I know that we have this idea of networking events and many of us, when we're in the middle of a career transition, we seek those out and we attend them. Job Fairs, for example, meetups where other people in that industry that you're interested in may be hanging out, conferences, seminars, wherever it is that people may be congregating that any time you you're engaged in a conversation with someone, you're networking, whether it's an old friend or brand new acquaintance, be prepared. If you are looking for new position, be prepared with your, I hate calling it the elevator pitch, but for lack of a better term to refer to it, the prepared with your elevator pitch, your short concise one to three sentence statement that sums up what it is that you are specifically looking to do in your next career or your next endeavor. And if you've done a good job with it, you will likely be asked to expand on it.
Speaker 2:
9:45
Oh, that's interesting. Tell me more. And then you can talk all you want about it. As long as you've got them engaged and you don't see that their eyes are glazing over, but you can't do that first. You've got to offer the pitch, the enticement, get them interested. And this is not something, it's one of those things that sound so simple. But it's not as simple or easy as it sounds like it should be and it frankly takes quite a bit of forethought, self-examination, self reflection and preparation before you're ready to offer your unique proposition. But it's well worth the time that you will put into this statement because once you have it and once you've got it nailed and once you can deliver it with confidence and the the kind of clarity that you need, things will start to open up for you in ways that you had not anticipated, I guarantee you.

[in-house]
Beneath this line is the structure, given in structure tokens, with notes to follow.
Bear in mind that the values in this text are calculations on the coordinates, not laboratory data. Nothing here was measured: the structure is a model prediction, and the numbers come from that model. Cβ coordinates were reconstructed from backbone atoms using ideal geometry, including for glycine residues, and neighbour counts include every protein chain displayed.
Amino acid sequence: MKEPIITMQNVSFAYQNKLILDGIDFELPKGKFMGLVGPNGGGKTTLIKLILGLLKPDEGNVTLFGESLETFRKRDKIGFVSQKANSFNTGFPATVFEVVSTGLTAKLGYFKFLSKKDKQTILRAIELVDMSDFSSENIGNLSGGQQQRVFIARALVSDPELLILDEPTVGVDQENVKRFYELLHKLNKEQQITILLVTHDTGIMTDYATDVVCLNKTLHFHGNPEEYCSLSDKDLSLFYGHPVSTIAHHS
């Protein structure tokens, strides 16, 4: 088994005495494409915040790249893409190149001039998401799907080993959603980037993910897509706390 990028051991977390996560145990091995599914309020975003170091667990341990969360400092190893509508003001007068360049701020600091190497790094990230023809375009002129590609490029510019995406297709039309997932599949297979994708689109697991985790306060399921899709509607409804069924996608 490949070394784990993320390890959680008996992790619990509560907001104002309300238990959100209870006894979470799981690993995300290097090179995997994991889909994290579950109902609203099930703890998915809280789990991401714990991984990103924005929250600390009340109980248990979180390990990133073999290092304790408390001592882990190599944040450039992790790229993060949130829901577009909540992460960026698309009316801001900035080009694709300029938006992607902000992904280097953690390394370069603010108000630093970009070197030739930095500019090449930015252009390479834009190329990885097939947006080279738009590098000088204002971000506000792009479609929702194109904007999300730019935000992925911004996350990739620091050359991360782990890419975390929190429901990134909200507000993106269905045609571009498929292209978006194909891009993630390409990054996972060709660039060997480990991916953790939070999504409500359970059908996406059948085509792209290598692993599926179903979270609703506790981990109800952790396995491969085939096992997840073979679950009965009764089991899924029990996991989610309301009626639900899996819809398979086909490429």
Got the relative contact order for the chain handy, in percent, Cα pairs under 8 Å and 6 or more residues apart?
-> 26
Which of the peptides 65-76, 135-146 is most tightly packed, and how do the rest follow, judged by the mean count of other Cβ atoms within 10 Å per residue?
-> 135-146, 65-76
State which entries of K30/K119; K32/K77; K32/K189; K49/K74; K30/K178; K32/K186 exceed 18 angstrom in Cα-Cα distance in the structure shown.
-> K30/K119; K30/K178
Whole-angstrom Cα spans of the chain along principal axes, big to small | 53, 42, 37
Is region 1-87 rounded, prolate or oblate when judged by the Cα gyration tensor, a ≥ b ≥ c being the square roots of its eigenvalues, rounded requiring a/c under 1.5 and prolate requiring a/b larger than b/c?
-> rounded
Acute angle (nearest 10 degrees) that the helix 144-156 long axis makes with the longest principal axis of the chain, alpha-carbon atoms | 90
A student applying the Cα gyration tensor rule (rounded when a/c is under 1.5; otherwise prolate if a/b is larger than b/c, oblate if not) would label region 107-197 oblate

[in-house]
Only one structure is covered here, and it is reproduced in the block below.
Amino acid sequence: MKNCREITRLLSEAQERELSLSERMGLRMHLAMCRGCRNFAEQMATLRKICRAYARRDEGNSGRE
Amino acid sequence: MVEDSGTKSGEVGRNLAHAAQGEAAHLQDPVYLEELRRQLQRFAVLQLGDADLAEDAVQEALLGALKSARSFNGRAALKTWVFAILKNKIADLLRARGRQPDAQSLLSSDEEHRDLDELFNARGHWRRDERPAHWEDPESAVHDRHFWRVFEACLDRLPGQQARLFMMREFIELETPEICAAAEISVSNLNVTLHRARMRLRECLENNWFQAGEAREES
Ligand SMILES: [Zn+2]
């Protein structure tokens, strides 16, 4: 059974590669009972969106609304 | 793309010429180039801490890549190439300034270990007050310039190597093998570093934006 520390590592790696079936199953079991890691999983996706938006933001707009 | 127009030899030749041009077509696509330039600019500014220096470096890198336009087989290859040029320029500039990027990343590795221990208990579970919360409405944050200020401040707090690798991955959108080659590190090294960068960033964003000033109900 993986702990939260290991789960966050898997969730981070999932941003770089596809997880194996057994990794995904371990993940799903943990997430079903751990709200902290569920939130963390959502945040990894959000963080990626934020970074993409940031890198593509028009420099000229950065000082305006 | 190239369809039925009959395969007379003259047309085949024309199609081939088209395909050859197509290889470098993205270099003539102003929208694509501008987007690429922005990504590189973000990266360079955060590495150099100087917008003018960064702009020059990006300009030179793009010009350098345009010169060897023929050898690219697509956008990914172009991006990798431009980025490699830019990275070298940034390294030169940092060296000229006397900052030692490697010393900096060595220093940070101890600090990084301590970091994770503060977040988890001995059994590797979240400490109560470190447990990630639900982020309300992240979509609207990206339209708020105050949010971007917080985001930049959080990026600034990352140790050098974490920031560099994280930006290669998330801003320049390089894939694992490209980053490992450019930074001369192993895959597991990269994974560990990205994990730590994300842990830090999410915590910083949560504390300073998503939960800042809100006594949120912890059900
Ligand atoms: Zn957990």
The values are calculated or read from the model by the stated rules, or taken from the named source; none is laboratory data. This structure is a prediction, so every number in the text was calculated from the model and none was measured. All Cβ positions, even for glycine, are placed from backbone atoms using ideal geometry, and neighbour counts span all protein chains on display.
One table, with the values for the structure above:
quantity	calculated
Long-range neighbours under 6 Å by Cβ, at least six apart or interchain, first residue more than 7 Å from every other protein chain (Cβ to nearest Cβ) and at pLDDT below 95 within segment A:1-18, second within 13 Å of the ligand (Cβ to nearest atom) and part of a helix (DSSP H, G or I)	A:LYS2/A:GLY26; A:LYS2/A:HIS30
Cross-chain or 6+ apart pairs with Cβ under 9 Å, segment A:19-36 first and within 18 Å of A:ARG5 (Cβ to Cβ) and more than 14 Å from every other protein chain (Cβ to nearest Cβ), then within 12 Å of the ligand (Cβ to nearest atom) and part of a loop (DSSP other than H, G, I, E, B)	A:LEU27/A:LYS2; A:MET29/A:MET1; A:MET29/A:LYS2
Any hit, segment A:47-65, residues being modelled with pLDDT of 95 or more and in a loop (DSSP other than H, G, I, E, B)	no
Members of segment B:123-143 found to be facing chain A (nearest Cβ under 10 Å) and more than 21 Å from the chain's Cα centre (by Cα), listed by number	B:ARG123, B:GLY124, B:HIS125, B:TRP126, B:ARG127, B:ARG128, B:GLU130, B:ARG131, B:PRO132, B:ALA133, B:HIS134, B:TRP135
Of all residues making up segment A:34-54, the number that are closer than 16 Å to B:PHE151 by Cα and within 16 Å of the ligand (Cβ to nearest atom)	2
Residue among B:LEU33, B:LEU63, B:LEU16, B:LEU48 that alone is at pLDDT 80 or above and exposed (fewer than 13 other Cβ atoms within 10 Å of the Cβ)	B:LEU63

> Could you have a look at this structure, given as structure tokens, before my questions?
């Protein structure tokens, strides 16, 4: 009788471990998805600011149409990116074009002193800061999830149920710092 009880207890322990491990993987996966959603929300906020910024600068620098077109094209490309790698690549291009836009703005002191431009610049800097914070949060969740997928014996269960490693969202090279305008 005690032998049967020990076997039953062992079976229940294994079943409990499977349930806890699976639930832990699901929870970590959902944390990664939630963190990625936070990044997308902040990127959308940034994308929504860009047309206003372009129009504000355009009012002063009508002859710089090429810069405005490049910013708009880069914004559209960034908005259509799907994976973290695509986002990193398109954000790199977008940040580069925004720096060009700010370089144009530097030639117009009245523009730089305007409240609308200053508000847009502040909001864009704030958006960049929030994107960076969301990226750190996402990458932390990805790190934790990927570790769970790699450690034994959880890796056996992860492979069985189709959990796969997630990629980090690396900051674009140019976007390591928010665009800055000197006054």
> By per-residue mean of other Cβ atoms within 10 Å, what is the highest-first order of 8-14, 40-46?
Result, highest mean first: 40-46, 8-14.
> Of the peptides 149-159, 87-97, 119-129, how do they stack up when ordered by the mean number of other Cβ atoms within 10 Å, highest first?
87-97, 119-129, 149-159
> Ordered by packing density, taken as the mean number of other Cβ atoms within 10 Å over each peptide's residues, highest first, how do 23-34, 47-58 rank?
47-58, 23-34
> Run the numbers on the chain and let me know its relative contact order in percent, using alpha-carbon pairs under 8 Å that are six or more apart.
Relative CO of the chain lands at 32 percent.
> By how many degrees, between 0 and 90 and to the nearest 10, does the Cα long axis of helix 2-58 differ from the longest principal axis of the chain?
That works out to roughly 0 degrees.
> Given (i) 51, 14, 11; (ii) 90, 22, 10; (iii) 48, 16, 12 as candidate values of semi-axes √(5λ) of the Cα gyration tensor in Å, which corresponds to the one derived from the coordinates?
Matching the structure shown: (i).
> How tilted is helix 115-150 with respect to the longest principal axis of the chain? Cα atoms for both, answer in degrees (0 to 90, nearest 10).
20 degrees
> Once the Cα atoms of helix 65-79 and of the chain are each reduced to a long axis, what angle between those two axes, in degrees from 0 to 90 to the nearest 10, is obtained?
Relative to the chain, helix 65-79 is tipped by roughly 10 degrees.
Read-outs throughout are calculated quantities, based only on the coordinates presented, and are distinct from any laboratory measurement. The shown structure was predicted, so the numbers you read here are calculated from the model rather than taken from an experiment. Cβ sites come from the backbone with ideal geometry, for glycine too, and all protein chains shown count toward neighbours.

Speaker 2:
11:00
So that's it for today. What is your elevator pitch? Have you thought about it? If you haven't, and if you're interested in making a career transition, one of the first things you need to do is decide what it is that you want to do next and then create your elevator pitch. I hope you'll have enjoyed that tip for today. Next week I'll be back with another stress management strategy. In the meantime, if you would like to subscribe to the podcast teachers and transition or the youtube channel, also met the name teachers in transition. Please do. If you have questions, please send those to me and I'll be happy to answer them. And if you'd like to offer a review, that would be awesome to let me know how you enjoy this podcast and youtube channel and whether or not you're finding it of value. Until next, this is kitty Boynton out of teachers in transition. Have a wonderful week.
Speaker 1:
11:59
So there you have it, an episode of teachers and transition. I hope you enjoyed the information and I hope you'll plan to come back. Please subscribe to teachers in transition so that you can be alerted of future episodes. And let me know if you have any questions or topics that you would like me to specifically cover in a future episode. I'm more than happy to help with individual questions as well. So email me@kittyboitnottatboitnottcoaching.com if you are interested in finding a new career or just enjoying your life more, this is the place to start. I'm Kitty Boitnott and this is teachers in transition.